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Some articles on Greek:
... Dionysius Thrax (Ancient Greek Διονύσιος ὁ Θρᾷξ) (170 BC – 90 BC) was a Hellenistic grammarian and a pupil of Aristarchus of Samothrace ... The first extant grammar of Greek, "Art of Grammar" (Tékhnē grammatiké, Greek τέχνη γραμματική) is attributed to him but many scholars today doubt ... concerns itself primarily with a morphological description of Greek, lacking any treatment of syntax ...
... Greek may also refer to Greeks (finance), the Greeks epresenting the sensitivities of derivatives (the most common of these sensitivities are often denoted by Greek letters) Fraternities and ...
... In earlier Greek art, satyrs appear as old and ugly, but in later art, especially in works of the Attic school, this savage characteristic is softened into a more youthful and graceful aspect ... or humanization of the Satyr appears throughout late Greek art ... Greek spirits known as Calicantsars have a noticeable resemblance to the ancient satyrs they have goats' ears and the feet of donkeys or goats or horses, are ...
... Dates Unknown Avienus, Volsinii, Etruria, writing in Latin Nonnus, Egypt, writing in Greek Quintus Smyrnaeus, writing in Greek Tryphiodorus, Egypt, writing ...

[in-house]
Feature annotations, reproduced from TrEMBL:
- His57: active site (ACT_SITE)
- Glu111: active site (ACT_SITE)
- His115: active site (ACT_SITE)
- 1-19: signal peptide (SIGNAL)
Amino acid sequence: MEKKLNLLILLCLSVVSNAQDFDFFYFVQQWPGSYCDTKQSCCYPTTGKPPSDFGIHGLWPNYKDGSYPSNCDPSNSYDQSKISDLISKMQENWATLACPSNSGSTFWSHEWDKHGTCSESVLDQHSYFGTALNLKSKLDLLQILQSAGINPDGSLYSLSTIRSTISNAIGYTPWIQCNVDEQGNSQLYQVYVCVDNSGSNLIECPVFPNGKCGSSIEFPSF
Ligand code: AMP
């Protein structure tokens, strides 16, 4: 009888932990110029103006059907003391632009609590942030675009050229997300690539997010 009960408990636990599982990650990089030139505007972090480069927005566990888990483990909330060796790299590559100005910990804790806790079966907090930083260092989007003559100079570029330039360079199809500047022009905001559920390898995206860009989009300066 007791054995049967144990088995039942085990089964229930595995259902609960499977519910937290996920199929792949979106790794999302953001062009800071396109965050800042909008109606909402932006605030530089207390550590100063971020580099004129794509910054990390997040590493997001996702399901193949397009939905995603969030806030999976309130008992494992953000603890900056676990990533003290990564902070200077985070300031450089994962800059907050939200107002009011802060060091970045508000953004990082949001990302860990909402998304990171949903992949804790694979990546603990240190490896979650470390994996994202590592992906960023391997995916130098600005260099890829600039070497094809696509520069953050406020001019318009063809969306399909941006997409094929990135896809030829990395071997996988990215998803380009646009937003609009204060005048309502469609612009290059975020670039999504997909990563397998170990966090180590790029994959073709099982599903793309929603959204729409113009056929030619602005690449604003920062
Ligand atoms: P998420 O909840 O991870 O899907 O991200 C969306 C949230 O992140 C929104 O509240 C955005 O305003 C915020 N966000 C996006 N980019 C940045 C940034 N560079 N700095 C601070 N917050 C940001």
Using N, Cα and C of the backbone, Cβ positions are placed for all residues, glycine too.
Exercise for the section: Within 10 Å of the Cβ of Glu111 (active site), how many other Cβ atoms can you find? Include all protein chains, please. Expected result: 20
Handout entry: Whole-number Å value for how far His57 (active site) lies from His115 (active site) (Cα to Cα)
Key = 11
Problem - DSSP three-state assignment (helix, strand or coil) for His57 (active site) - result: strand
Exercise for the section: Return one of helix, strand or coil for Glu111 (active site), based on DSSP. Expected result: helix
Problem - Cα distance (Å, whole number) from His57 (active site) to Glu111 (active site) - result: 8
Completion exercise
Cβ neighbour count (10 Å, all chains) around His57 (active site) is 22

... Some of the towers have Greek inscriptions ... and baths being full of the fragments of ancient Greek, Roman and Byzantine temples and churches ... The Church of the Dormition, the principal Greek Orthodox church in Nicaea, was one of the most architecturaly important Byzantine churches in Asia Minor ...
More definitions of "Greek":
- (noun): The Hellenic branch of the Indo-European family of languages.
Synonyms: Hellenic, Hellenic language
Famous quotes containing the word greek:
“He degraded himself by the vice of drinking, which, together with a great stock of Greek and Latin, he brought away with him from Oxford and retained and practised ever afterwards.”
—Philip Dormer Stanhope, 4th Earl Chesterfield (16941773)
“The student may read Homer or Æschylus in the Greek without danger of dissipation or luxuriousness, for it implies that he in some measure emulate their heroes, and consecrate morning hours to their pages.”
—Henry David Thoreau (18171862)
“The ordinary man looking at a mountain is like an illiterate person confronted with a Greek manuscript.”
—Aleister Crowley (18751947)